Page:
You saw it. It is a real phenomenon. (Far too many people never actually look at the things they see.) The illumination would be reflected earthlight with (depending on the exact circumstance) just a hint of coronal or annular light from the sun. Starlight is much too dim to illuminate the moon. (I believe that only Venus among the stars and planets throws enough light to even cast a shadow–and that is pretty rare.) There was a faint annular glow just a couple of nights ago. (Annular is from Latin for ring, not annual from year.)


A few years ago there was an article in Sky and Telescope about this. I remember they said it was very difficult to see the moon less than 18 hours from new. I believe the reason is basically that since the moon is so close to the sun, the brightness of the sky washes it out, which makes sense.

Early one evening in the 80’s, a day after a solar eclipse, a moon that was just over 24 hours old was visible. It was a pretty odd sight because the lighted part of the moon was smaller than the smallest crescent I’ve ever seen before.

But where were the Spiders?

When people ask, of things astronomical, “What’s up with that?” The answer is always, “Everything!”

But I have a different question to ask tomndebb: How much light does something need to cast a shadow?

Ray (. . .and every time I peer above. . .everything is overcast.)

You want that in lumens?

Actually, I don’t know how much light it takes to cast a shadow. I have been out on moonless nights when I could see a faint shadow cast by Venus. (It was really faint. The object on which the shadow was cast couldn’t be too dark colored or I could not see it at all.)

I was going to try checking Jupiter’s shadow-casting powers tonight, but there is a bit of haze, here, and I can’t see any shadows.

Any astronomers, here, know which planet casts the faintest (but still visible) shadow? I’d be inclined to stick with Venus (because I have a hard time imagining anything much fainter still being visible), but I’m open to correction.


The change occurs while the moon is very close to the sun, so it is difficult to see. Unless there is an eclipse, the transition won’t be “clean”.


The term is called “Earthshine”, and it is sunlight reflected off the earth’s surface which illuminates the moon indirectly. It is a common phenomena during both waxing and waning crescent. The people you asked and doubted this were obviously not stargazers.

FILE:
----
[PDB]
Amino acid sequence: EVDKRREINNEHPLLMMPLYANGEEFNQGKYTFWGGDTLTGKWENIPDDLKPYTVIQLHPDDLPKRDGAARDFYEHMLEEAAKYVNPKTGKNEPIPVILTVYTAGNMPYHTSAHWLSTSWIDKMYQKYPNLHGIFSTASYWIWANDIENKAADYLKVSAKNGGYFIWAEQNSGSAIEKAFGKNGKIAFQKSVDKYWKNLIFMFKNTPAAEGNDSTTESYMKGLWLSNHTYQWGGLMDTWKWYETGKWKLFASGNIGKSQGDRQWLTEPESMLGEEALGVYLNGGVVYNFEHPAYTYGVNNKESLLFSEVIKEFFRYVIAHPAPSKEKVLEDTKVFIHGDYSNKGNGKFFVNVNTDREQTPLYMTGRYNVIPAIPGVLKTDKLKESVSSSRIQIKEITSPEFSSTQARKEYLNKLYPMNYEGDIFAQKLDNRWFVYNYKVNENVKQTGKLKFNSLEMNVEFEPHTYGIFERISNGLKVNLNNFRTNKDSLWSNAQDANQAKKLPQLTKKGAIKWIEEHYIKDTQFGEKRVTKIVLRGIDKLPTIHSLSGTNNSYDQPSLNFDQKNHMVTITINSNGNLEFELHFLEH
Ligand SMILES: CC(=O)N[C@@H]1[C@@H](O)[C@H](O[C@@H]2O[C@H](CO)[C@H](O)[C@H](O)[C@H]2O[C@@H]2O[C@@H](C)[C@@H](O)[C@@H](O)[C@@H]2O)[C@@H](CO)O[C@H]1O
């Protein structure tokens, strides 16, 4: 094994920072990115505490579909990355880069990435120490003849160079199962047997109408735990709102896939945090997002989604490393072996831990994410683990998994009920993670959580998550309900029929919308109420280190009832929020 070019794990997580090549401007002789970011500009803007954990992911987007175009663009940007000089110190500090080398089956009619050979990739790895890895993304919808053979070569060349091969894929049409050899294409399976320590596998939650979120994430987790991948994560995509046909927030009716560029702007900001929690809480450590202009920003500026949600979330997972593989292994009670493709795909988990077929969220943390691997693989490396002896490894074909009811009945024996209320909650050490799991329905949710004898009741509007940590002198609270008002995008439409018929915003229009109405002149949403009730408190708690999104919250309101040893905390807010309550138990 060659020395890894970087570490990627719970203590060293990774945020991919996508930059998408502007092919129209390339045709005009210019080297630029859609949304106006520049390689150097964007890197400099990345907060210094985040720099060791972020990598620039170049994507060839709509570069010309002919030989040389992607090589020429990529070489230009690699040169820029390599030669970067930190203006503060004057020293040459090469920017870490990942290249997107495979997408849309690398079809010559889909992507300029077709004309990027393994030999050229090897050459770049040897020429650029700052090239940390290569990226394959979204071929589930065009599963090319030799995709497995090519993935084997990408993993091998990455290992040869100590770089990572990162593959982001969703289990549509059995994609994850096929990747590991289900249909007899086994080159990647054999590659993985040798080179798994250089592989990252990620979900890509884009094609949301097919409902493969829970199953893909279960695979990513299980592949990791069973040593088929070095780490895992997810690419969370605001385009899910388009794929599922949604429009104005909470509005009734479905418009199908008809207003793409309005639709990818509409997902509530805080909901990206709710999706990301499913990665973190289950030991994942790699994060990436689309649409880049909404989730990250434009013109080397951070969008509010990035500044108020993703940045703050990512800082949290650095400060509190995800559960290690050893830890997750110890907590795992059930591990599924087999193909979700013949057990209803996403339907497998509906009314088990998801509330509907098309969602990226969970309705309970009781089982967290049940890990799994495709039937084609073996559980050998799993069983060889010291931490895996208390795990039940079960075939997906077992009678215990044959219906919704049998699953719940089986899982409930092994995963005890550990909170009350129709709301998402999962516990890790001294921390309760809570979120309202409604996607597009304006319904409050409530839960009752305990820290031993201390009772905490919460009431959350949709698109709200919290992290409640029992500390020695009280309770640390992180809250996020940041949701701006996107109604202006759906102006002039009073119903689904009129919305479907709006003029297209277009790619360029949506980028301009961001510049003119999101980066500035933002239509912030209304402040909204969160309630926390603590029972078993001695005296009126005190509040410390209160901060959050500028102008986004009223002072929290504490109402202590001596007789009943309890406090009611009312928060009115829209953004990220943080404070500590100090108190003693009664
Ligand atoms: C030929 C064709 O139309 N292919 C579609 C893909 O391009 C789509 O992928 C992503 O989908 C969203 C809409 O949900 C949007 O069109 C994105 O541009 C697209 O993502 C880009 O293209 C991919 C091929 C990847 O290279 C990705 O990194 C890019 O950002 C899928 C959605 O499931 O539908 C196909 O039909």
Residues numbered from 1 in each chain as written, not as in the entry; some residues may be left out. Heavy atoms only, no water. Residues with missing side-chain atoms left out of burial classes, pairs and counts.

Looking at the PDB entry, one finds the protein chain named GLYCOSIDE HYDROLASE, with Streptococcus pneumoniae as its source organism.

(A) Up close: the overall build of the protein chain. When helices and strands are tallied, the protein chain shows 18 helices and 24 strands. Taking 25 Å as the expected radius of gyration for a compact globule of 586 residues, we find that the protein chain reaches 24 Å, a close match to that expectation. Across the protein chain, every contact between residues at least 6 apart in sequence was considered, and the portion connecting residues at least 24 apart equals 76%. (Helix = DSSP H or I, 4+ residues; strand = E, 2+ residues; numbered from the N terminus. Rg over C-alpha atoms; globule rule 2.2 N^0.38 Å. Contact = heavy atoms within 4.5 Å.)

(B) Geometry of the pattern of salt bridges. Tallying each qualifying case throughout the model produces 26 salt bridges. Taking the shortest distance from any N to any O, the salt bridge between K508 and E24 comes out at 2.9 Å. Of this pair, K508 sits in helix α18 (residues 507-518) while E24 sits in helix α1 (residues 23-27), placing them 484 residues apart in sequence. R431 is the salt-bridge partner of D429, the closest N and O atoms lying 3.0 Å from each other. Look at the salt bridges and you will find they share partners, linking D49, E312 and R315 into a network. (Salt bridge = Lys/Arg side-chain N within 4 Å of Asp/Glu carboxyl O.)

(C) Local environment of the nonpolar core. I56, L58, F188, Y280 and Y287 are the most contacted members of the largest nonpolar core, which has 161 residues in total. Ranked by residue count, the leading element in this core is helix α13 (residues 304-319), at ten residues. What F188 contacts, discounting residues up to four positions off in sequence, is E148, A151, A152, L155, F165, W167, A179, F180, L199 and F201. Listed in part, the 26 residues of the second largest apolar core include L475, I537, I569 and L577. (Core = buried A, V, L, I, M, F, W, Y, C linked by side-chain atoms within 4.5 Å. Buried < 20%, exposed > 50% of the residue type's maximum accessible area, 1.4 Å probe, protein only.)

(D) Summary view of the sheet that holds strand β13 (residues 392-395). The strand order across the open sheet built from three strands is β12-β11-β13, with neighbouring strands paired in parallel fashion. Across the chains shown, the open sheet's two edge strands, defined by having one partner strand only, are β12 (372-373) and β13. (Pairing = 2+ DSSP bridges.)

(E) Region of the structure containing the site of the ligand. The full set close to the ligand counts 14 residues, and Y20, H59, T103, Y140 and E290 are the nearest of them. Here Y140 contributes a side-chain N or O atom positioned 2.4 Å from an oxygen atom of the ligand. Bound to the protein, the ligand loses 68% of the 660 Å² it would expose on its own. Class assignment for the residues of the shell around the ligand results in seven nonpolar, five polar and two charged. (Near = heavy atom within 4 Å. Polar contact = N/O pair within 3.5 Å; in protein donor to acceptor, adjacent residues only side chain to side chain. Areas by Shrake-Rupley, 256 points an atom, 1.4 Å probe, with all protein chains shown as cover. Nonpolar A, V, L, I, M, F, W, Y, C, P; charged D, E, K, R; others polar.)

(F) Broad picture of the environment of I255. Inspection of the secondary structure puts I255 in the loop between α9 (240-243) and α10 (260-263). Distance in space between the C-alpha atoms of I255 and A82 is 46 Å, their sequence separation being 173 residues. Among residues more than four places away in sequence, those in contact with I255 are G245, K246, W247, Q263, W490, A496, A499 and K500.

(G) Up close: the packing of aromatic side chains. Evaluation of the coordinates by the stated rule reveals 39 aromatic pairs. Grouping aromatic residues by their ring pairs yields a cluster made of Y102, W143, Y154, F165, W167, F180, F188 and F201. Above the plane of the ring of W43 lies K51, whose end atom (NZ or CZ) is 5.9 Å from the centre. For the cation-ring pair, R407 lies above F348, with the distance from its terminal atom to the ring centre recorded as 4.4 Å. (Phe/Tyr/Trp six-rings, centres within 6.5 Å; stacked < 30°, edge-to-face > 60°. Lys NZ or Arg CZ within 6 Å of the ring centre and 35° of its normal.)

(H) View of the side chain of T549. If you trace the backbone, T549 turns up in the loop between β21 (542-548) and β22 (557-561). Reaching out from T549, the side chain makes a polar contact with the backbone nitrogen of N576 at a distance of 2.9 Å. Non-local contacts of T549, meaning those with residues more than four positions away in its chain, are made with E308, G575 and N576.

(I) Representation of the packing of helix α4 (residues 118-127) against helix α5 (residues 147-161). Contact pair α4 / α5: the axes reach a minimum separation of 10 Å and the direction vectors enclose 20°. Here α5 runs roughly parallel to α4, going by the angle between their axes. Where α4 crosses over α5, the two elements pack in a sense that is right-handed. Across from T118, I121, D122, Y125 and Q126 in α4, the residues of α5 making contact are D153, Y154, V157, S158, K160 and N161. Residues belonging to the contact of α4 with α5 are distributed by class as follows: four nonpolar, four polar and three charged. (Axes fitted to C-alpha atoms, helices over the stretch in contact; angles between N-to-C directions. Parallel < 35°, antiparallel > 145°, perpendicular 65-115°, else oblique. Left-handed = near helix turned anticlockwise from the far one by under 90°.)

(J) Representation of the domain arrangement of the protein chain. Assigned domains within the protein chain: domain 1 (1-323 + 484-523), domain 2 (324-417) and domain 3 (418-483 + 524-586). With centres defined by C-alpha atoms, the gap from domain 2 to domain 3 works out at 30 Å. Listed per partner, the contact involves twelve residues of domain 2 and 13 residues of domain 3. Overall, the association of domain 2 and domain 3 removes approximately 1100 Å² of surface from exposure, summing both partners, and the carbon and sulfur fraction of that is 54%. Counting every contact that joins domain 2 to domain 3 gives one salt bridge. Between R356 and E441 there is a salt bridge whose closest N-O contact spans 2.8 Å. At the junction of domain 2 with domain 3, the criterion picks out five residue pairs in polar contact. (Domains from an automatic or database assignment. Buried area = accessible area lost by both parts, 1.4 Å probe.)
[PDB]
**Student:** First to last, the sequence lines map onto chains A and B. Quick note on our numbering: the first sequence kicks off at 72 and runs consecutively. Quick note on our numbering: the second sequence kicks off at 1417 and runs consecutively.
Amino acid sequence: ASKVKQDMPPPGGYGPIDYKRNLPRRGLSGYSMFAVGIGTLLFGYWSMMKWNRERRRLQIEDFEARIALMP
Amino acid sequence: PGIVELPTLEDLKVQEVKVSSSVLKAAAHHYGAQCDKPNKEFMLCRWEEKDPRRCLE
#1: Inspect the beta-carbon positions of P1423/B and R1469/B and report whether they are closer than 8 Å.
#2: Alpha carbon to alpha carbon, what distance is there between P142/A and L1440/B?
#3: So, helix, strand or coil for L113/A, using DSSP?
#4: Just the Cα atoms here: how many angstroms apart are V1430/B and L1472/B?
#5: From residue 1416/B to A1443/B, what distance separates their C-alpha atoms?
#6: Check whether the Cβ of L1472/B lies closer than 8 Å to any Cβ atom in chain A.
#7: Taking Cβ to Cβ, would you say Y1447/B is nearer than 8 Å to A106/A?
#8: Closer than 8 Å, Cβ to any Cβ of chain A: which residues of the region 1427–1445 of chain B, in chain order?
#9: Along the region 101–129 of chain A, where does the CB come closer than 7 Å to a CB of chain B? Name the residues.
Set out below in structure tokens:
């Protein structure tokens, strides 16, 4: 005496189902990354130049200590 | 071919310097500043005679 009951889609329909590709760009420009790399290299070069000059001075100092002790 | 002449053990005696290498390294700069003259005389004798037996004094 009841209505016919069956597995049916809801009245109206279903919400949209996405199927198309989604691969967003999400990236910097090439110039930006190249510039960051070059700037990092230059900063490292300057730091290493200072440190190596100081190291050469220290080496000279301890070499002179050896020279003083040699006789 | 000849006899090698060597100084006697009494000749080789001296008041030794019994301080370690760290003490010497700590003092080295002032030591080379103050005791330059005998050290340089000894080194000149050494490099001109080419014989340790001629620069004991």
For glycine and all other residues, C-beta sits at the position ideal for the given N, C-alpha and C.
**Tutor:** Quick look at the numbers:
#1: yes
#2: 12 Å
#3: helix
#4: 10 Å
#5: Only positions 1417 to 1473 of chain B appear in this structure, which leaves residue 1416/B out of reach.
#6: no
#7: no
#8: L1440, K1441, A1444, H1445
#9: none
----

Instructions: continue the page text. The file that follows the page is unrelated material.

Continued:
As for trying to observe the moon becoming “new”, first you have to understand that a very old, waning crescent moon rises VERY close to sunrise. It is very hard to detect, and it is virtually lost in dawn’s early light. You’re better bet is to try and find the youngest waxing crescent you can find. This depends on the sun’s position along the ecliptic. About a month ago, a very young crescent, just hours old, could be seen in the Western sky with an extremely reddish tint.

“They’re coming to take me away ha-ha, ho-ho, hee-hee, to the funny farm where life is beautiful all the time… :)” - Napoleon IV

I should clarify that the reddish tint was NOT due to the moon’s close position to the horizon. Also, sky conditions were clear. The moon was the youngest crescent I have seen, and my interest in amateur astronomy has been “ephemeral”…no novice here!

“They’re coming to take me away ha-ha, ho-ho, hee-hee, to the funny farm where life is beautiful all the time… :)” - Napoleon IV

You mean it was not caused by the Earth’s atmosphere? If so, what was it caused by?

SCR4, it must have been. My memory of the event is not as clear it should be. I’ll try to ask others who saw this with me what they recall.

“They’re coming to take me away ha-ha, ho-ho, hee-hee, to the funny farm where life is beautiful all the time… :)” - Napoleon IV

There was a lunar eclipse recently (where the earth is directly between the sun and the full moon, thus casting a shadow on the moon). I didn’t observe it closely, but I’m told by astronomers that you can detect a reddish tint on the moon just as the eclipse is starting and ending, which is caused by light refracting through the earth’s atmosphere and then hitting the moon.

He’s the sort to stand on a hilltop in a thunderstorm wearing wet copper armor, shouting ‘All Gods are Bastards!’